Growing up as a Disney watcher—as so many of us did—it was easy to catch onto so many clichés. Hannah Montana promised us that “nobody’s perfect,” and her Disney peer Selena Gomez offered a much different piece of advice with the familiar chorus of “Who says you’re not perfect.” For me, the conversation with perfection was much bleaker than a Disney pop song.
When I was growing up, I felt that young people who suffered most from the burdens of perfectionism were the ones with strict, authoritative parents. However, my parents only expected my siblings and me to give our all into whatever we did. That didn’t mean being the 4.0 student or top athlete but simply trying our best while being respectful human beings. Even with my parents’ constant support and understanding, I pushed myself too hard to be “perfect.”
Now looking back, I realize my goal of being an ideal student and child started early. In elementary I studied to get 100% on my spelling tests, and I would even rat myself out if I had done something wrong. From an early age, I thought that to be my best self I had to impress and please all of my teachers and authority figures in my life. Leading into middle school that continued. Every mistake I ever made, whether it was in or out of school, I took harder than any middle schooler should have.
Middle school was when I discovered my love for competition dance. The world of competitive dance was an excellent place for me to become a better dancer and to meet new people, who would later become lifelong friends. It was also a place where my pursuit of perfection began to escalate. When I first started competing with solos, I felt a reasonable amount of nervousness for being on a stage on my own. However, when I approached my mid-teen years those feelings inflated. I became overwhelmed with anxiety. When I made mistakes onstage, I was taken over by a sense of failure and felt I had disappointed my teachers and parents. It wasn’t rare for me to leave the stage and burst into tears. Those tears weren’t over trophies or awards, but because I didn’t reach what I saw as “perfection.” Performing was supposed to be fun for me, but my reach for an unattainable goal took away the enjoyment.
Dance wasn’t the only area that this happened in. My goal since early middle school was to graduate as valedictorian. That goal led me to having a single late assignment push me to the edge because I knew that I could do better. Trying to be a perfect student and dancer was stretching me thin. I spent hours after school at the studio, and what little free time I had left was spent on homework.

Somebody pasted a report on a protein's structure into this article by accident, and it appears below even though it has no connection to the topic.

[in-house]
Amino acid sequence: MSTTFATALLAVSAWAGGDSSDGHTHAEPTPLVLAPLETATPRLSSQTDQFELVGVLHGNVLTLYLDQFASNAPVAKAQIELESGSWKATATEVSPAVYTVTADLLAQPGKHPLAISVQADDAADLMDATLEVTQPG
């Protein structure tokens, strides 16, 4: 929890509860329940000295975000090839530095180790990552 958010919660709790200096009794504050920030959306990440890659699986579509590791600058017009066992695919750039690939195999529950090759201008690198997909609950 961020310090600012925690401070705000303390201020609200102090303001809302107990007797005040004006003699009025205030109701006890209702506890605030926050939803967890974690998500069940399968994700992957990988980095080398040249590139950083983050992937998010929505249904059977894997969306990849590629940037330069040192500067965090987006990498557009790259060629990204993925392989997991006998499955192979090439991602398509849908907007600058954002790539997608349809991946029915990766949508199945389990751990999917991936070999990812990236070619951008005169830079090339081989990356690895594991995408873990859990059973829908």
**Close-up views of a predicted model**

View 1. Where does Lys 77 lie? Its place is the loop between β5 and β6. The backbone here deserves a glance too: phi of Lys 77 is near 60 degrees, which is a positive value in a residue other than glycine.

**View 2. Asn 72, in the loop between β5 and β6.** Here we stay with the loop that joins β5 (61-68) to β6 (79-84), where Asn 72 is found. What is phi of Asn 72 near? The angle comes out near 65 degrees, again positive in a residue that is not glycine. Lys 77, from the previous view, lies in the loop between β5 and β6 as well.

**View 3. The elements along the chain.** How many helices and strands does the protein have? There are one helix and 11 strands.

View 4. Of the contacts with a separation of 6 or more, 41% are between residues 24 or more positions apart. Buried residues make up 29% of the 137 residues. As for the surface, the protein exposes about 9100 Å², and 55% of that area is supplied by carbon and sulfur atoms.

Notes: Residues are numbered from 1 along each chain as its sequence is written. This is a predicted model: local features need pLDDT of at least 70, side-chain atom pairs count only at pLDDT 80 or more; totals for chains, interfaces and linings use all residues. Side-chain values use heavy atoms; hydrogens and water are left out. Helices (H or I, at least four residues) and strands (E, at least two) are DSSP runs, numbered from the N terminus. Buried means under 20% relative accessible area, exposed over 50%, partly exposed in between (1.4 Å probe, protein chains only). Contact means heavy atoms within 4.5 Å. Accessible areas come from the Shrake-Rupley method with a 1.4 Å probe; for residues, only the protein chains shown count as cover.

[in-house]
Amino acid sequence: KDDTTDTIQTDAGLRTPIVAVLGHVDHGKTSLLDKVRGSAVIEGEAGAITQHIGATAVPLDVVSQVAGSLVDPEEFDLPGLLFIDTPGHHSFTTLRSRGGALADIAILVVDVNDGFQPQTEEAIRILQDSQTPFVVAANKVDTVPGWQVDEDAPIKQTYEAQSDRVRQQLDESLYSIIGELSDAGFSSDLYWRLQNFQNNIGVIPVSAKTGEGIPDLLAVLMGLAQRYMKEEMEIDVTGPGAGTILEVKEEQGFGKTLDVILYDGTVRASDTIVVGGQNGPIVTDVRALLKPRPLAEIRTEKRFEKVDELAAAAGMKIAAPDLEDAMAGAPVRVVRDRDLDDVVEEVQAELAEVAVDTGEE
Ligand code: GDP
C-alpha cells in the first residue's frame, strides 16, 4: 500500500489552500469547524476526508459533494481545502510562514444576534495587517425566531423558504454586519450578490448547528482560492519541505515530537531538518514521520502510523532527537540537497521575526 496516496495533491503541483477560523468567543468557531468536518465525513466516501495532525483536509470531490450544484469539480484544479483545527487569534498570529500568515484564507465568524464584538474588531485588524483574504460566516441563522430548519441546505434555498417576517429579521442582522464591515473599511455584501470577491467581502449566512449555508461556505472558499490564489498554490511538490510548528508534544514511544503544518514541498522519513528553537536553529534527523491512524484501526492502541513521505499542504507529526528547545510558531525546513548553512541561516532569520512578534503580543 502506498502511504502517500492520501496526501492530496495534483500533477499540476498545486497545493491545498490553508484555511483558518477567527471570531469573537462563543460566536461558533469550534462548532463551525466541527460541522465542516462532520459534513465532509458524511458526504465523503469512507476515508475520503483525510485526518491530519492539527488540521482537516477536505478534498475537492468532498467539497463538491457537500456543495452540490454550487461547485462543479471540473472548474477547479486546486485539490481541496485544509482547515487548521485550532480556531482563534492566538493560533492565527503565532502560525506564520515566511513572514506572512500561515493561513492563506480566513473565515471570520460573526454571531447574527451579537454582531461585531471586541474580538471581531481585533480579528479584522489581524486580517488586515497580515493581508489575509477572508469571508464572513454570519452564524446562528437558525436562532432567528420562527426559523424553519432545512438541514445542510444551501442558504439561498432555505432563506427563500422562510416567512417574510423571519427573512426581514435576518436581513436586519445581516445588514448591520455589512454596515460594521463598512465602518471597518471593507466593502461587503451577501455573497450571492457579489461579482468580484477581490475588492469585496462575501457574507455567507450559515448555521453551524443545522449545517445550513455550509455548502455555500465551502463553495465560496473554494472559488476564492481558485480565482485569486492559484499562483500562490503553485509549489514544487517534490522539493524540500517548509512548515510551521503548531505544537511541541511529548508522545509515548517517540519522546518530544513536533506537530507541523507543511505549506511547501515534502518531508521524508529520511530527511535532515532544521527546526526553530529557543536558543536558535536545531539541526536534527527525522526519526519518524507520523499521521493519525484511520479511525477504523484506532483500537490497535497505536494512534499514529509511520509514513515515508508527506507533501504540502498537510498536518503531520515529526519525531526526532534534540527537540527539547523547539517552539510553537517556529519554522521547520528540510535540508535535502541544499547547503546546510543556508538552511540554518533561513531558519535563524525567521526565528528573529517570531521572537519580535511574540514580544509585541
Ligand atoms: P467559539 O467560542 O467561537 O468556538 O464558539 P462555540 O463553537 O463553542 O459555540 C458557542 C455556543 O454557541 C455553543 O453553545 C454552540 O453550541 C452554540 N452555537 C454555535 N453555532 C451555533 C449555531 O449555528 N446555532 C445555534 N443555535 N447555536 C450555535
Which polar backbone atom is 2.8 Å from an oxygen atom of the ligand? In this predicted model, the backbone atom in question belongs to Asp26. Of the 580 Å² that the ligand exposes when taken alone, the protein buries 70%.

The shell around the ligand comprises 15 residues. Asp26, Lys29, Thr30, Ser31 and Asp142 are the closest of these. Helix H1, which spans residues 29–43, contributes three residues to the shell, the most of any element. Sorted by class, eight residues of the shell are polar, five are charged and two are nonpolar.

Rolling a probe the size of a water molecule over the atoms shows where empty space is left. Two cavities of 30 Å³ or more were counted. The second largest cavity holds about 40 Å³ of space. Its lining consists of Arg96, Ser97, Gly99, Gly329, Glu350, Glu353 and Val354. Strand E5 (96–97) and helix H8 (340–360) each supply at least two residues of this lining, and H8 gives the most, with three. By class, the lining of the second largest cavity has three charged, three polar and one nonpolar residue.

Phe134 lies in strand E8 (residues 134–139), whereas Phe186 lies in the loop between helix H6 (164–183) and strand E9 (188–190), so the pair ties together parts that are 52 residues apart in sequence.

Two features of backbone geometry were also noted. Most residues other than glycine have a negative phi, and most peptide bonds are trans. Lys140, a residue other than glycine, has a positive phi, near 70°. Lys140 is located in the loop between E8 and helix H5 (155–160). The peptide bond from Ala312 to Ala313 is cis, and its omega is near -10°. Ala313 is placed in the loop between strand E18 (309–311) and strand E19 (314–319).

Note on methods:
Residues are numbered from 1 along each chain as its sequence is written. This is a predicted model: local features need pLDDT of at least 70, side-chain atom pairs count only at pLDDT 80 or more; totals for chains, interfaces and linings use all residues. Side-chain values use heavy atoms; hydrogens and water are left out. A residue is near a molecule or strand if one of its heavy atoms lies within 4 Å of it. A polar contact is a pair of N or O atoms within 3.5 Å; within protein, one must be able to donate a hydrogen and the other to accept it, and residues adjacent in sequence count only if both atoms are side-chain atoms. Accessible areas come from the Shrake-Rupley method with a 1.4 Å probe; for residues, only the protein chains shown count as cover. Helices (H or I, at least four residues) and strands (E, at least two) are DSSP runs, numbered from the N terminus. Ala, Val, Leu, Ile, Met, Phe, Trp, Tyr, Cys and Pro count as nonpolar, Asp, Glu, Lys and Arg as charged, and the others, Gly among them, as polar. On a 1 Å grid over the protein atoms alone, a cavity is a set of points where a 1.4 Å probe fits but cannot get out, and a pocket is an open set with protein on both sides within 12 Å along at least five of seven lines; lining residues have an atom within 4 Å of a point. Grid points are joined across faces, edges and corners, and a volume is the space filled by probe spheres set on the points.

The worst part of this battle to be perfect is it took the things I loved, dancing and learning, and made them mentally exhausting. I finally came to my watershed moment the Spring semester of my Junior year. My teachers had finalized the grades; it wasn’t surprising to me, since I worked so hard to get straight A’s. However, the class rank did surprise me: I was second. It really shouldn’t have surprised me because my peers were taking some of the few AP classes our school offered. Nevertheless, I was shocked. After this discovery, I went into my family’s kitchen and told my mom and sister with tears in my eyes. What made this part even harder is that they were fine with the second-place finish. They were proud, if not a little annoyed with my tearful, angry reaction. The two of them tried to explain to me how this development wasn’t something to get worked up over. This only made me angrier. I thought that somehow number two was going to be a disaster for me and my future, and they just couldn’t understand that. As summer came, I still hadn’t accepted the idea of being second; however, I had some time to simmer down and ponder what that really meant for me.
Finally come my senior year, I realized that I had to take things for what they were worth. A “B” wouldn’t make my parents, teacher, or friends think any less of me, and it shouldn’t make me think less of myself. My dancing changed as well; I felt I was able to perform and tell a story on stage like I truly loved to do. Not to say I went to zero stress, but I was finally able to accept most of my mistakes and understand that mistakes gave me a chance to learn. Oddly enough, it took one of my goals being denied for me to realize that there is so much more to who I am than perfection. I mean, even in ‘second place’ I was able to have a gratifying speech at graduation with the valedictorian, which I remember being one the best experiences in my high school career.
Making mistakes are what make us who we are, not a detriment to our character. Perfection only limits our ability to enjoy what we love to do. If you struggle with perfectionism, try to take a step back and look at the big picture. There is so much more to life than being perfect or making others think you are without fault. Take it from me, a recuperating perfectionist: life with mistakes can be quite joyful.